Musician and songwriter Phil X is on the podcast and we talk about how he started his music career and playing on albums for Alice Cooper and Chris Cornell. Actually, the list of albums and musicians that Phil X has lent his talent to is quite extensive including Rob Zombie, Tommy Lee, Kelly Clarkson, and so many more. Check out the Netflix documentary Hired Guns which features Phil X throughout. Phil also talks about touring with Bon Jovi and playing with his band The Drills. Learn all the details about the upcoming album from The Drills with tons of special guests. Plus, hear some great advice for any aspiring musician from this legendary guitarist, including how to be passionate about what you love and to work extra hard to achieve it.
Jeff: Let's start with the guitar, because I love talking to musicians, and one of the questions that is mostly different between all musicians is why you started in the first place. I'm always curious to hear that answer. What drew you to the guitar? What drew you to not only just the guitar, but the gamut of all the music that you play? What made you start that?
Phil X: Well, it was my dad.
Phil X: I don't know, man. It was like I was five. We were living really modestly, my mom, my dad, four kids, and sometimes my grandparents in a two bedroom apartment in Toronto, but my dad had a plan because it rocketed out of that into this bigness. But my dad always played bouzouki, so Greek music was always playing in my home. He played and I guess he needed accompaniment, so he's like, "You're gonna learn to play guitar." I became a huge Elvis fan 'cause he liked Elvis and I liked Elvis, so it had a lot to do with my dad. When I say we were living modestly, I was a five year old that asked for an electric guitar for Christmas and got it. I could barely hold it. Think about it. It wasn't a miniature. It was a full-sized-
Dustin: What kind of guitar was it?
Phil X: I don't even remember the name, but it was a semi-hollow teardrop-shaped, a cover ... I say cover like a cover song, but a replica of a Vox or something.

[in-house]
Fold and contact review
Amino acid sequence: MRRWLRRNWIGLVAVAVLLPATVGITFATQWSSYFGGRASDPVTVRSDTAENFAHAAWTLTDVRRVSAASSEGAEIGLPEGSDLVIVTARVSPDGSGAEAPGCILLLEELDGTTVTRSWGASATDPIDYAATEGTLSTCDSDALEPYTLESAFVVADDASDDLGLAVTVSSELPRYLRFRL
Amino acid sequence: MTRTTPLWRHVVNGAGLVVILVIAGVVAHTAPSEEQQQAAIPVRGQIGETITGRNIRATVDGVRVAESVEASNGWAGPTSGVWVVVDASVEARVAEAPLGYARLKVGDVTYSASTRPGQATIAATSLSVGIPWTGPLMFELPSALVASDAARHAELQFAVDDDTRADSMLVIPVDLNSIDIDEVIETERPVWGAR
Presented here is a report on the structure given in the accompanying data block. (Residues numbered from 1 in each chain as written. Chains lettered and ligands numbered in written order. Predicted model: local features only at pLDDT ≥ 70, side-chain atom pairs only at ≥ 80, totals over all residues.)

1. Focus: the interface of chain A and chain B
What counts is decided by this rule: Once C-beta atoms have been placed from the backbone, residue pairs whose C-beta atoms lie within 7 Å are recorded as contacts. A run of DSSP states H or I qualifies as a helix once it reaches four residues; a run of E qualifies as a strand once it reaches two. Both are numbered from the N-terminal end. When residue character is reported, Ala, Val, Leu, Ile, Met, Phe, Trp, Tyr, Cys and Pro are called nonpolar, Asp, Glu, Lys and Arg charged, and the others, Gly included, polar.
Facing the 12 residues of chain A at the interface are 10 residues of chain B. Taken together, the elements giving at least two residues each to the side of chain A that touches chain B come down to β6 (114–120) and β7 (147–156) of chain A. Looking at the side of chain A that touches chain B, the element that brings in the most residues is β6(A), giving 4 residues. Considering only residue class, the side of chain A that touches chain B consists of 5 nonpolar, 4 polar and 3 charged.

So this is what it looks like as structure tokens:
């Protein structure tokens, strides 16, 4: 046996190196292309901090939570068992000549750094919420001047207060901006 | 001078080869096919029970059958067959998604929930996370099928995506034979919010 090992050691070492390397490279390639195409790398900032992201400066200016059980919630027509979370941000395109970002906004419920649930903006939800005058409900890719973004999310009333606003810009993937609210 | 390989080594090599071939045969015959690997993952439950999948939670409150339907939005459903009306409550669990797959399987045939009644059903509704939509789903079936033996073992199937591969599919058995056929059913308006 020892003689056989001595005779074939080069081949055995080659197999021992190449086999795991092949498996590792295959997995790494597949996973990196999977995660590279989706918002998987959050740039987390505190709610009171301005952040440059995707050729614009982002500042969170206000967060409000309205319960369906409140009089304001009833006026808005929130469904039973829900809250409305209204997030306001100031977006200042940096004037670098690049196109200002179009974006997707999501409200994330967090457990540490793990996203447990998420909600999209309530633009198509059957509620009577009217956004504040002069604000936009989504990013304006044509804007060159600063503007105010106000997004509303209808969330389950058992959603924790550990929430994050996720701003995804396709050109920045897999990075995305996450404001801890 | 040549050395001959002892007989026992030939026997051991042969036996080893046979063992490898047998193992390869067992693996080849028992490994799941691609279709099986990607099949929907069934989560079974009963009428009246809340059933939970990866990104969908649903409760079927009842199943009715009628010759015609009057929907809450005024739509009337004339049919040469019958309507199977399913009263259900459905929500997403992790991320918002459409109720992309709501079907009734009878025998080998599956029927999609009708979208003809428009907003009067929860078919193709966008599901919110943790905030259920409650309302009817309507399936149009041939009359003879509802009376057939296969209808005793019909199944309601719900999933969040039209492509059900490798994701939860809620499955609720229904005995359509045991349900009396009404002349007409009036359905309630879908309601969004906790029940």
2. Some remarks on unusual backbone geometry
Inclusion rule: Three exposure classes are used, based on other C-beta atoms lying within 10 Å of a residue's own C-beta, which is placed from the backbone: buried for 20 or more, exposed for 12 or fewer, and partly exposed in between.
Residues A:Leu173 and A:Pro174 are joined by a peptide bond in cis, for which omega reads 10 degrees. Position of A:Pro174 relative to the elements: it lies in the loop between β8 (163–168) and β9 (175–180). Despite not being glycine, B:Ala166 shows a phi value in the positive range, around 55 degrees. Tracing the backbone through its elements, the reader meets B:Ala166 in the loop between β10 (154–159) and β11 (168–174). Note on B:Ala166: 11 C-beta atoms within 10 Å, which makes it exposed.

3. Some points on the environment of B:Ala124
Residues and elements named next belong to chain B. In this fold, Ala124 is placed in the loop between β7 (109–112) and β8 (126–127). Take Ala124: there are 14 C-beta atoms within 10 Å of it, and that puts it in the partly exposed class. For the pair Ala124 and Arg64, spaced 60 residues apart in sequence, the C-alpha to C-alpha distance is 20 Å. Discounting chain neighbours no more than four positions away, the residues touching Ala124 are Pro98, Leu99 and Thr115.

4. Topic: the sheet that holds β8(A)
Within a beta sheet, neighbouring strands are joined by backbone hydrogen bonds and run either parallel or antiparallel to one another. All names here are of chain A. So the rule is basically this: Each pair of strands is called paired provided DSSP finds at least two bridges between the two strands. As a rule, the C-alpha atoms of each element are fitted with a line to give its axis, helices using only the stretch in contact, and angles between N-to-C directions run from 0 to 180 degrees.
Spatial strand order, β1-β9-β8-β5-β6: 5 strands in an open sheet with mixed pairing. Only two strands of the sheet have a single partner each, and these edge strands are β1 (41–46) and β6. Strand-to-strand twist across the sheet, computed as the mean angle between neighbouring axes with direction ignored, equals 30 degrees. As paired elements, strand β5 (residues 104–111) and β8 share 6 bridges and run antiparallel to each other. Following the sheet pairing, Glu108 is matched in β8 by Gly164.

Dustin: Yeah, yeah. What color was it?
Phil X: It had this really terrible plywood sunburst on it.
Phil X: I say sunburst, I mean plywood, because he hung it on the wall and he says, "Hey." He didn't want it to get damaged and I don't know if we even had a guitar stands back then 'cause we were in a cave. He hung it on the wall, and he's like, "If you want to play it, let me know. I'll bring it down," but he was at work and I wanted to play it, so I got this stool and put a book on the stool and put a box on the book on the stool and I stood up. Up here I couldn't hold it, so it fell and split when it hit the ground. But he was pretty handy. He got some glue out and some [inaudible] and put it back together, but he said, "That's why I told you to tell me when you want to play." I'm like, "I want to play all the time."
Jeff: So you just grew up around music. That's I think important, especially for someone who eventually becomes a musician. This is now your career. Fast forward a little bit then, when did that happen for you? Was it always in the back of your brain, "I want to do this for my life," or was there a singular moment in your life where you were like, "This is the turning point"?